Food waste occurs when a food that could be consumed but isn’t—whether due to spoilage, premature discarding, loss in transit, improper storage, or buying practices. Some examples of food waste might include tomatoes that fall off the tomato truck in transit, a carton of tomatoes that spoils because of improper storage or overbuying, and excess food purchased and discarded by consumers.
American consumers waste more than $150 billion, or 35 million tons, of food each year, according to the United States Department of Agriculture (USDA). However, it isn't just consumers that are responsible for the billion-dollar food waste problem. The Natural Resources Defense Council (NRDC) estimates that 52 percent of produce grown in this country is wasted because it never gets harvested, is never sold to consumers, or is lost or spoiled during storage or transit.
By taking steps to reduce food waste, manufacturers can not only promote sustainability but can also boost their profits. It's a win-win. Here are seven food waste reduction strategies that can help do just that.
Educate consumers through tips and educational messages printed on food packaging. Teaching consumers about shopping and meal planning, best practices for storing food, donating unwanted food, and composting can help them buy what they can use and use what they buy.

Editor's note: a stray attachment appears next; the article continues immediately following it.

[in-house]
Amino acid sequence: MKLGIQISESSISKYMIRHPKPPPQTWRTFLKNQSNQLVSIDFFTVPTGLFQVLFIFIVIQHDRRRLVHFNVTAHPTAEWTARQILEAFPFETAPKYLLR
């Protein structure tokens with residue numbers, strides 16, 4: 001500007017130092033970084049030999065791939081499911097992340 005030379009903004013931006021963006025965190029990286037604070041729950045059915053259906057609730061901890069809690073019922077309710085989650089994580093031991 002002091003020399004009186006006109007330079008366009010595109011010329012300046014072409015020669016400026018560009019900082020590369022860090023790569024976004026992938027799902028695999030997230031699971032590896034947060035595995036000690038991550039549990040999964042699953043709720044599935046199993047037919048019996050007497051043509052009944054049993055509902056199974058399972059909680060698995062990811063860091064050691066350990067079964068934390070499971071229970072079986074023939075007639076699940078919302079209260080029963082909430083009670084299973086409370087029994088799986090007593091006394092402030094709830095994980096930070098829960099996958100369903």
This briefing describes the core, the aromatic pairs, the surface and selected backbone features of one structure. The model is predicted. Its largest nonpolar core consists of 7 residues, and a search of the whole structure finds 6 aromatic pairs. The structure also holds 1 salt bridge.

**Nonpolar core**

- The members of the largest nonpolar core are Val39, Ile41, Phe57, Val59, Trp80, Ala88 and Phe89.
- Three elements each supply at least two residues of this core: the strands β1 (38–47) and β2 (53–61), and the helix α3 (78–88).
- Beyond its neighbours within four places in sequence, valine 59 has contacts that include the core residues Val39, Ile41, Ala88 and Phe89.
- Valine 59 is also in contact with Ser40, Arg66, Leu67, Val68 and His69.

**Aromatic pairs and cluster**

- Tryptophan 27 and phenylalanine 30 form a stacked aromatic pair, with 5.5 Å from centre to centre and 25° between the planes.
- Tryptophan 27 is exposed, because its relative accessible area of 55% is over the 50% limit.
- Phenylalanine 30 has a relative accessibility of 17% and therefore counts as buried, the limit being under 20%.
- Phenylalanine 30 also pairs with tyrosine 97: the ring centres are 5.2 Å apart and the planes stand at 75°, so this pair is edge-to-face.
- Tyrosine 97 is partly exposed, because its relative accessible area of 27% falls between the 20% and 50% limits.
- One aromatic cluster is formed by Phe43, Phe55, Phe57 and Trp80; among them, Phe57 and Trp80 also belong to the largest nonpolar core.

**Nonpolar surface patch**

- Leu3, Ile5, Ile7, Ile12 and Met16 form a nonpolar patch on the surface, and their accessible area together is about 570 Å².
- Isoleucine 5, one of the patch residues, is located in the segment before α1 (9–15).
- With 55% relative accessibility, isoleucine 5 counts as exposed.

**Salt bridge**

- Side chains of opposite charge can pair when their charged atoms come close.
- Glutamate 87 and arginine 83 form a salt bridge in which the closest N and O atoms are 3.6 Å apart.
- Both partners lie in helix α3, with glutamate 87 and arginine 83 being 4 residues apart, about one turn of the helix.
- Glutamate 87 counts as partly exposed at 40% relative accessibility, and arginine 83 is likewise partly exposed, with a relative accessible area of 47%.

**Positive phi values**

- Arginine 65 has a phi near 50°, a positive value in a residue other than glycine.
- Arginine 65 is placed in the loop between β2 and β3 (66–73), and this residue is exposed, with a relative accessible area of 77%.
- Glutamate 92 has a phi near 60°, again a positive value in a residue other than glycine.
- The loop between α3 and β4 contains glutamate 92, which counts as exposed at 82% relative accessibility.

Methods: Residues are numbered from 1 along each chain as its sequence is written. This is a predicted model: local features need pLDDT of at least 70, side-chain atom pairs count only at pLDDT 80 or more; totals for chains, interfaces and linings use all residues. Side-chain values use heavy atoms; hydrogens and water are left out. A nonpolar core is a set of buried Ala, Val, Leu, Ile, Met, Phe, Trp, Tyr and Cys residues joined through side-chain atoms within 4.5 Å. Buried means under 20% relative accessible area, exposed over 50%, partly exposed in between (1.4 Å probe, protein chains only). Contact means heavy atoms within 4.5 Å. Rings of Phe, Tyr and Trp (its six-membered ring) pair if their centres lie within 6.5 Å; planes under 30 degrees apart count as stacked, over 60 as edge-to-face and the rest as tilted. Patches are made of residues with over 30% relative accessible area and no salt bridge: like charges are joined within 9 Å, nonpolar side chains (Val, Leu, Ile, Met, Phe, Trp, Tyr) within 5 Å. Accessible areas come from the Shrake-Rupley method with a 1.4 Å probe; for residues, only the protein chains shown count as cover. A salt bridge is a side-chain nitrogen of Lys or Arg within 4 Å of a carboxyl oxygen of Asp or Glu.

Package products in a range of portion sizes, using resealable packaging or individually sealed compartments. In addition, consider developing more innovative packaging solutions, such as embedding silver nanoparticles into plastic milk storage bottles to double the length of time before milk spoils, or use packaging that can detect when the product inside has gone bad.
Standardize Date Labels
Product date labels can be confusing to consumers. Instead of using a range of date labels that include terms like "sell by", "best before", "use by", "expires on", and so on, use standardized date labels that make it clear to the consumer whether the date indicates spoilage or just that the product is outside the window of peak quality.
Develop natural, sustainable solutions to the problem of food spoilage, such as an invisible, edible barrier—made from unused parts of the produce such as leaves and stems—that protects from mold, water loss, oxidation, and bugs. Sustainable solutions like this may double the shelf life of certain food products.
Innovations to Extend Shelf Life
Explore product innovations that can extend the shelf life of foods and beverages, such as mold inhibitors for yeast raised products or natural preservatives.
Just because produce doesn't look perfect doesn't mean it's inedible. Source “ugly produce” that might otherwise be discarded due to imperfections that don’t negatively affect the taste or quality of the product.
Optimize Supply Chain
Use software solutions to optimize supply chains so your products ship and reach store shelves more quickly. Reducing the time it takes to get your products on store shelves can help to reduce food waste.
Taking these and other steps to reduce food waste is a win-win proposition for food manufacturers. It not only makes your business more sustainable, but also boosts profits, builds shareholders' confidence, and highlights your company’s commitment to sustainability.
Watson is a leader in developing innovative products and sustainable solutions that help address the food waste problem. Visit the Watson website to learn more about our mold inhibitors for yeast raised products and view our complete Bakery Ingredient product line.